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Periodically and Continuously Compounded Interest
-------------------------------------------------
FV = PV(1 + i)^{Y}
where Y = number of years.
i = stated (nominal) interest rate.
For example, an annual rate of 10% for 1 year would give:
FV = PV(1 + .10)^{1} = 1.10PV
If, instead, the interest rate is compounded on a daily, monthly or
quaterly basis, then the formula becomes.
FV = PV(1 + r/n)^{nY}
where n = number of compounding periods per year.
For example, a stated annual rate of 10% for 1 year compounded
monthly would give:
FV = PV(1 + .10/12)^{12} = 1.105PV
Compounding using periods which are less than one year gives rise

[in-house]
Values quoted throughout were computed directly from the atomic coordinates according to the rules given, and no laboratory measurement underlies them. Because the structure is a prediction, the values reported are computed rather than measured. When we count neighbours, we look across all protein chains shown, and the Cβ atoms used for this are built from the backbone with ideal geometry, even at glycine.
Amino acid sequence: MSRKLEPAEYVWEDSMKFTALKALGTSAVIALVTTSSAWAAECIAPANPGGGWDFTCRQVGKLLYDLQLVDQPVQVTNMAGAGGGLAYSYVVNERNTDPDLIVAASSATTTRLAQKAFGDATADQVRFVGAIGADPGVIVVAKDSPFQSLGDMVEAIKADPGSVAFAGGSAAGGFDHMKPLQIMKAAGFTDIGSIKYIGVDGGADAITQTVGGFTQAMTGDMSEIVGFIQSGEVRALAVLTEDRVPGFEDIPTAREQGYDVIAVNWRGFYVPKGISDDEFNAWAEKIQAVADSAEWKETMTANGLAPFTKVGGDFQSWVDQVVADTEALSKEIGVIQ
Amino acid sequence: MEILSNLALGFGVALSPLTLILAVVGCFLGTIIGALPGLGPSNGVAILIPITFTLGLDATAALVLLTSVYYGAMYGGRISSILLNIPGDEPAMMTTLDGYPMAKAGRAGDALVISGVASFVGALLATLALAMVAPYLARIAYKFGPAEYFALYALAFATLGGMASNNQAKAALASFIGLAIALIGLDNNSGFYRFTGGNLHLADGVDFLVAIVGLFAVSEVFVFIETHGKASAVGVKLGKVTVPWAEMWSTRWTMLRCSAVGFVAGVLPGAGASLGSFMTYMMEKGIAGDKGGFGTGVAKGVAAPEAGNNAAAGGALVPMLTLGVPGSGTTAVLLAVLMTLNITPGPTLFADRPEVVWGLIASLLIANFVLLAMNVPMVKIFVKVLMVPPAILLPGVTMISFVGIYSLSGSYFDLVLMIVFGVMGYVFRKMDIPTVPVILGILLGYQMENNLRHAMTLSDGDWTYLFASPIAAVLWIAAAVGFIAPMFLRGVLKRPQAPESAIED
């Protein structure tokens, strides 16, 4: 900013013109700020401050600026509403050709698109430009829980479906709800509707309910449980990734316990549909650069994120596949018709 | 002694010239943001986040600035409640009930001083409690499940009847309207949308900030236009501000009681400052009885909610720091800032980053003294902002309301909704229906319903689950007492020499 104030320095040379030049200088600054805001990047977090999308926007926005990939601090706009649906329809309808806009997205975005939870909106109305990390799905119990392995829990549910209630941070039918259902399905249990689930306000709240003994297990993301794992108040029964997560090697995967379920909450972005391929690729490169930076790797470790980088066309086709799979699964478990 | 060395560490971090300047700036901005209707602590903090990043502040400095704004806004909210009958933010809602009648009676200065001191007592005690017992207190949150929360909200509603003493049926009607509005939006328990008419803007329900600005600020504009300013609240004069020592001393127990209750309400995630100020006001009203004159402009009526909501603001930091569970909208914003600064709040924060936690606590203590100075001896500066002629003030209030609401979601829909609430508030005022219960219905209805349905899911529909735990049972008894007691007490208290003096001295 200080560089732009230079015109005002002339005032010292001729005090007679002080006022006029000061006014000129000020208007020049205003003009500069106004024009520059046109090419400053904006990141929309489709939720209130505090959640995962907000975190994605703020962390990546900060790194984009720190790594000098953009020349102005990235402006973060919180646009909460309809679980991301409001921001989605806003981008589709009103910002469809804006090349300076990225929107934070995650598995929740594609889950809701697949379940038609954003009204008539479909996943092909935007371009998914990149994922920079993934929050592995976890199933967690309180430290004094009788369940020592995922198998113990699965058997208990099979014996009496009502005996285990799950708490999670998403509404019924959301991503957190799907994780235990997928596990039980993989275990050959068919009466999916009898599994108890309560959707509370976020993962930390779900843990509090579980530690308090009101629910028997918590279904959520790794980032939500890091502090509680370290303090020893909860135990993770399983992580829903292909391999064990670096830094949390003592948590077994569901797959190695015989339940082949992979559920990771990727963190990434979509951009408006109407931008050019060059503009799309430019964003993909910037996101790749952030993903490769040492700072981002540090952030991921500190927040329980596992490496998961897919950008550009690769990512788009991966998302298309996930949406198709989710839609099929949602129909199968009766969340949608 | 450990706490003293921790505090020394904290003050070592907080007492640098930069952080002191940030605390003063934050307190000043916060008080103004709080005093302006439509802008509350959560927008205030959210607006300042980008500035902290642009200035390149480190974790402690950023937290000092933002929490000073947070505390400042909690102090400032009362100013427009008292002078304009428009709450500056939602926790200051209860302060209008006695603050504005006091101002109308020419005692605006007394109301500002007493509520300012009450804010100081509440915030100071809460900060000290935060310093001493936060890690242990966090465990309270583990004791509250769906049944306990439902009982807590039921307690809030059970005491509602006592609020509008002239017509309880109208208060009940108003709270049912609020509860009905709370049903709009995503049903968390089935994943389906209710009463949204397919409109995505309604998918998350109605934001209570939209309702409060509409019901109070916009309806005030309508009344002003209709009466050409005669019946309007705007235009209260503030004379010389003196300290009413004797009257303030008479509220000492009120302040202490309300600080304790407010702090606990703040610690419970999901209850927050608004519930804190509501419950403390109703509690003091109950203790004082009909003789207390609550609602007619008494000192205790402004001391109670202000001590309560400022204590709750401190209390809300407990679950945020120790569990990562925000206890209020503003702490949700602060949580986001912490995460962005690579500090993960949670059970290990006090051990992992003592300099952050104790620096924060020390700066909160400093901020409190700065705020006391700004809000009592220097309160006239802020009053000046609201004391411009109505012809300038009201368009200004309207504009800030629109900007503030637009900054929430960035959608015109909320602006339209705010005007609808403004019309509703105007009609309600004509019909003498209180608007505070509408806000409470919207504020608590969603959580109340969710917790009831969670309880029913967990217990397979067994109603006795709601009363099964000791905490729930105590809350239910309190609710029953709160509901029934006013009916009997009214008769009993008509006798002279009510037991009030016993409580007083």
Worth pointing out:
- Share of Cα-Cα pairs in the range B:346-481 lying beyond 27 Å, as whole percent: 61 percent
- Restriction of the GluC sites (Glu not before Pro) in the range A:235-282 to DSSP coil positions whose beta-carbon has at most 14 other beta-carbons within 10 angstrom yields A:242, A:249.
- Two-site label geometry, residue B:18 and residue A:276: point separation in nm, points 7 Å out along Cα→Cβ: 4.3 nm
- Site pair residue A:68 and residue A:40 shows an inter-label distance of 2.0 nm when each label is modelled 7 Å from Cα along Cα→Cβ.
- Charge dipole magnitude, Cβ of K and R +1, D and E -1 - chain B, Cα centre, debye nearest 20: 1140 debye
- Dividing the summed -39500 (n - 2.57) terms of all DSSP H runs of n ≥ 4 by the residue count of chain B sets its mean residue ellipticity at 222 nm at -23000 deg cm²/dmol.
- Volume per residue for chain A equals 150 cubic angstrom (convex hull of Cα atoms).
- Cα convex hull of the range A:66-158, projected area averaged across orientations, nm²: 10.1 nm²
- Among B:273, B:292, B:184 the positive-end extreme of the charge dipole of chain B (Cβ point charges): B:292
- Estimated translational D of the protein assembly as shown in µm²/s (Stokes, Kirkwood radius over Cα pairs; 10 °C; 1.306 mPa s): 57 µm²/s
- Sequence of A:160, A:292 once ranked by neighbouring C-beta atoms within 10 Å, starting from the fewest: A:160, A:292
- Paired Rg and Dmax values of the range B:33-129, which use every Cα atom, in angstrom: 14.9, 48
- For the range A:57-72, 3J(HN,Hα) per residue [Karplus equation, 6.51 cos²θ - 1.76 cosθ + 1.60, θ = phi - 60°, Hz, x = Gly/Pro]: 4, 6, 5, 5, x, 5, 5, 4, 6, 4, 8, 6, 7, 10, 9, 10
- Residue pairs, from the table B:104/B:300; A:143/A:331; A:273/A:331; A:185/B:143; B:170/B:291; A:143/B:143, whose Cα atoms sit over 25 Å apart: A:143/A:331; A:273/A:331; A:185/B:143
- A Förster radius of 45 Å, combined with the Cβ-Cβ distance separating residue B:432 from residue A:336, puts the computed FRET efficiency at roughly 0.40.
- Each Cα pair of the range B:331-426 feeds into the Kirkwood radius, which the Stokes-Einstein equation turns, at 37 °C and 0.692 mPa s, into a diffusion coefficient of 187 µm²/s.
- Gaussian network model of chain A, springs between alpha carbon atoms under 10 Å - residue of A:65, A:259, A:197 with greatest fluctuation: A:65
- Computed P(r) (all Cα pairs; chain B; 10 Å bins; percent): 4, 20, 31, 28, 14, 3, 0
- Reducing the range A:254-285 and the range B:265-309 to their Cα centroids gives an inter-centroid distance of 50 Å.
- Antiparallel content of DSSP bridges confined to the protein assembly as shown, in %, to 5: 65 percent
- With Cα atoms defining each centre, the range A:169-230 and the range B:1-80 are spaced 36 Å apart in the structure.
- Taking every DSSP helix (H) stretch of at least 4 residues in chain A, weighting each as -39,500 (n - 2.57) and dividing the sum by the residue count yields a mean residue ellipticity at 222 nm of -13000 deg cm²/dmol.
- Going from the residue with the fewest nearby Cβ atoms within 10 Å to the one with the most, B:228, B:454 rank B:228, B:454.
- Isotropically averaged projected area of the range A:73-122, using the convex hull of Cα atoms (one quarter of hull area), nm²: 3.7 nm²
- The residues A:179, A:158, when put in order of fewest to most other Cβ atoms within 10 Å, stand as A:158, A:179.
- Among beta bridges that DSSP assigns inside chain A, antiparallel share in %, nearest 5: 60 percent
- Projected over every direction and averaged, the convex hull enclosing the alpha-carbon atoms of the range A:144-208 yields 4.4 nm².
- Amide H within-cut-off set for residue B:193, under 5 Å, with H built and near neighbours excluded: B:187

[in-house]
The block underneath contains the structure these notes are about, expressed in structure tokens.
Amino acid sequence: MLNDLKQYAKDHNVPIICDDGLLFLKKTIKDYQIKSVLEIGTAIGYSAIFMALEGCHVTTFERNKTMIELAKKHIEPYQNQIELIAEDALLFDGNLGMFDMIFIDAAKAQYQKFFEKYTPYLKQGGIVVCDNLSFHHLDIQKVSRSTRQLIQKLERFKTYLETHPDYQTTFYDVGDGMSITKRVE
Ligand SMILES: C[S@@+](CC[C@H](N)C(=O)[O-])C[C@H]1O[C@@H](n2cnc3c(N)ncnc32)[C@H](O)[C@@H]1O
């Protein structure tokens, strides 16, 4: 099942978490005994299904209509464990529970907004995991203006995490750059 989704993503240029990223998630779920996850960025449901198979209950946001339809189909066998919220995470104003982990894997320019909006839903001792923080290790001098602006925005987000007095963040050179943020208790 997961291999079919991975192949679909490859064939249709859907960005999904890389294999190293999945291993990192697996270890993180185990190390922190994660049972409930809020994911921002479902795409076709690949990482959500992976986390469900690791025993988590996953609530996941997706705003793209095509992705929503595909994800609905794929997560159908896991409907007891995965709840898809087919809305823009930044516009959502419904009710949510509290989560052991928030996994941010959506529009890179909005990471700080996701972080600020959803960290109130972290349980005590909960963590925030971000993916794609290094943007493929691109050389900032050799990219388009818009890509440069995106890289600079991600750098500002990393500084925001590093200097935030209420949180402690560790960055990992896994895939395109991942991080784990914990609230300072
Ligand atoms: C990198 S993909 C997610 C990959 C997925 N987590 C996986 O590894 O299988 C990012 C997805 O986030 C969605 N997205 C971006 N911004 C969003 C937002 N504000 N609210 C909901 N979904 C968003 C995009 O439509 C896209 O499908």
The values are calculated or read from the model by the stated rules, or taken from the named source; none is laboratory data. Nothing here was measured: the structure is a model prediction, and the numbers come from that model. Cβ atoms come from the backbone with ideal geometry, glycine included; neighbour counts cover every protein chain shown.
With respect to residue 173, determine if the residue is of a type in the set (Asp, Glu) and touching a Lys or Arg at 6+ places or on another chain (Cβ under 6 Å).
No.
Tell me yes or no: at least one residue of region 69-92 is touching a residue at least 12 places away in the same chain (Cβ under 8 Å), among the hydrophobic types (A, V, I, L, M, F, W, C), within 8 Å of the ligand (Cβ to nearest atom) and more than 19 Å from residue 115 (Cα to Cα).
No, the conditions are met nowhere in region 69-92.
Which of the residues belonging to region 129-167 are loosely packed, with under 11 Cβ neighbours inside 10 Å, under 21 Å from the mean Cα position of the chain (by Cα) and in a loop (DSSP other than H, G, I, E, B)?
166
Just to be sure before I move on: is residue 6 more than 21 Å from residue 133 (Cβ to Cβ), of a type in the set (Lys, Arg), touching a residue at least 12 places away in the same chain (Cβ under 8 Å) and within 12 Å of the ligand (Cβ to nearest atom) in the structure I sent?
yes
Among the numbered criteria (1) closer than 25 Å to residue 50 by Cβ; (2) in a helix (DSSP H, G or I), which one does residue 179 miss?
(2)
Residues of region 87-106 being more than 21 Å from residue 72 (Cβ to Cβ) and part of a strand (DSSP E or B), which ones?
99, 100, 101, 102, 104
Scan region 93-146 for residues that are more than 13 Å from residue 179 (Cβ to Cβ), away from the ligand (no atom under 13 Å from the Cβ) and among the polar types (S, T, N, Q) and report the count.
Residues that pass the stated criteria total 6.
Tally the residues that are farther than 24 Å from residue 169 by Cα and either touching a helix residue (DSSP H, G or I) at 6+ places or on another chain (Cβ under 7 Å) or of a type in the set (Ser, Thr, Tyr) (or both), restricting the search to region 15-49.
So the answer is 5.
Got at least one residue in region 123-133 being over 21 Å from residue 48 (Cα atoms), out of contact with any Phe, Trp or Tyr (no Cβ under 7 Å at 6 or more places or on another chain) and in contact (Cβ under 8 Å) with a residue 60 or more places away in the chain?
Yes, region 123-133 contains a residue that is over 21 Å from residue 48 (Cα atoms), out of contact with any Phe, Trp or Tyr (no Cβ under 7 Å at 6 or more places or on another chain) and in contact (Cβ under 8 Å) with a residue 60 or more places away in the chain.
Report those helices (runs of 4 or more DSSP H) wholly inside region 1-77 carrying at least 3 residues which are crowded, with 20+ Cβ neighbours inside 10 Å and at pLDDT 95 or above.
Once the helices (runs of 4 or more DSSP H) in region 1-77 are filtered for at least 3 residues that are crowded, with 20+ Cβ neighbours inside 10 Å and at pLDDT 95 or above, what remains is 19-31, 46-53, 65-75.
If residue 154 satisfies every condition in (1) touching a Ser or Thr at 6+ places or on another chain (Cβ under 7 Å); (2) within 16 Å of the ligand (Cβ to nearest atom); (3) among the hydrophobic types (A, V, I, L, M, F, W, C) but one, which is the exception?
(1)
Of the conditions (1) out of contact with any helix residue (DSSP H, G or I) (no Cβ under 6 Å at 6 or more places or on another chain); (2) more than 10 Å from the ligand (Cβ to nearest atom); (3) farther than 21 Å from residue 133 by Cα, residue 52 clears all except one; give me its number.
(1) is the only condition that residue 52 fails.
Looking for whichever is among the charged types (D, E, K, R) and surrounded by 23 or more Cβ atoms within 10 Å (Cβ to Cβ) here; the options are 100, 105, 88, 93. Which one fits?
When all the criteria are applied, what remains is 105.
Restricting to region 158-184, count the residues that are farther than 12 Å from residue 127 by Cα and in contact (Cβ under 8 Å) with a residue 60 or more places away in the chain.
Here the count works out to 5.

to an "Effective" annual rate that is higher than the "Stated"
rate.
In the limiting case it is possible to compound the interest
continuously, meaning that your balance grows by a small amount
every instant.
Define a variable m = n/r so n = rm. Therefore,
FV = PV(1 + 1/m)^{rmY}
= PV{(1 + 1/m)^{m}}^{rY}
In the limiting case where the time slice becomes very small, we
can write, by definition,
lim(1 + 1/m)^{m} = e
m->∞
Therefore,
FV = PVe^{rY}
Alternatively, PV = FVexp(-rY)
Verification:
Replace FV with f(t) for the balance at time t (with t measured
in years). So:
f(t) = PVexp(tr)
Taking the derivative
df(t)/dt = rPVexp(tr) = rf(t)
In words, this is saying that "at any instant the balance is
changing at a rate that equals r times the current balance"
which of course is the definition of continuous compounding.
Effective Interest Rate
-----------------------
The effective interest rate, r , is given by:
r = (1 + i/n)^{n} - 1
For example, i = 5% = 0.05 annually, n = 12
r = (1 + 0.05/12)^{12} - 1 = 0.0512 = 5.12%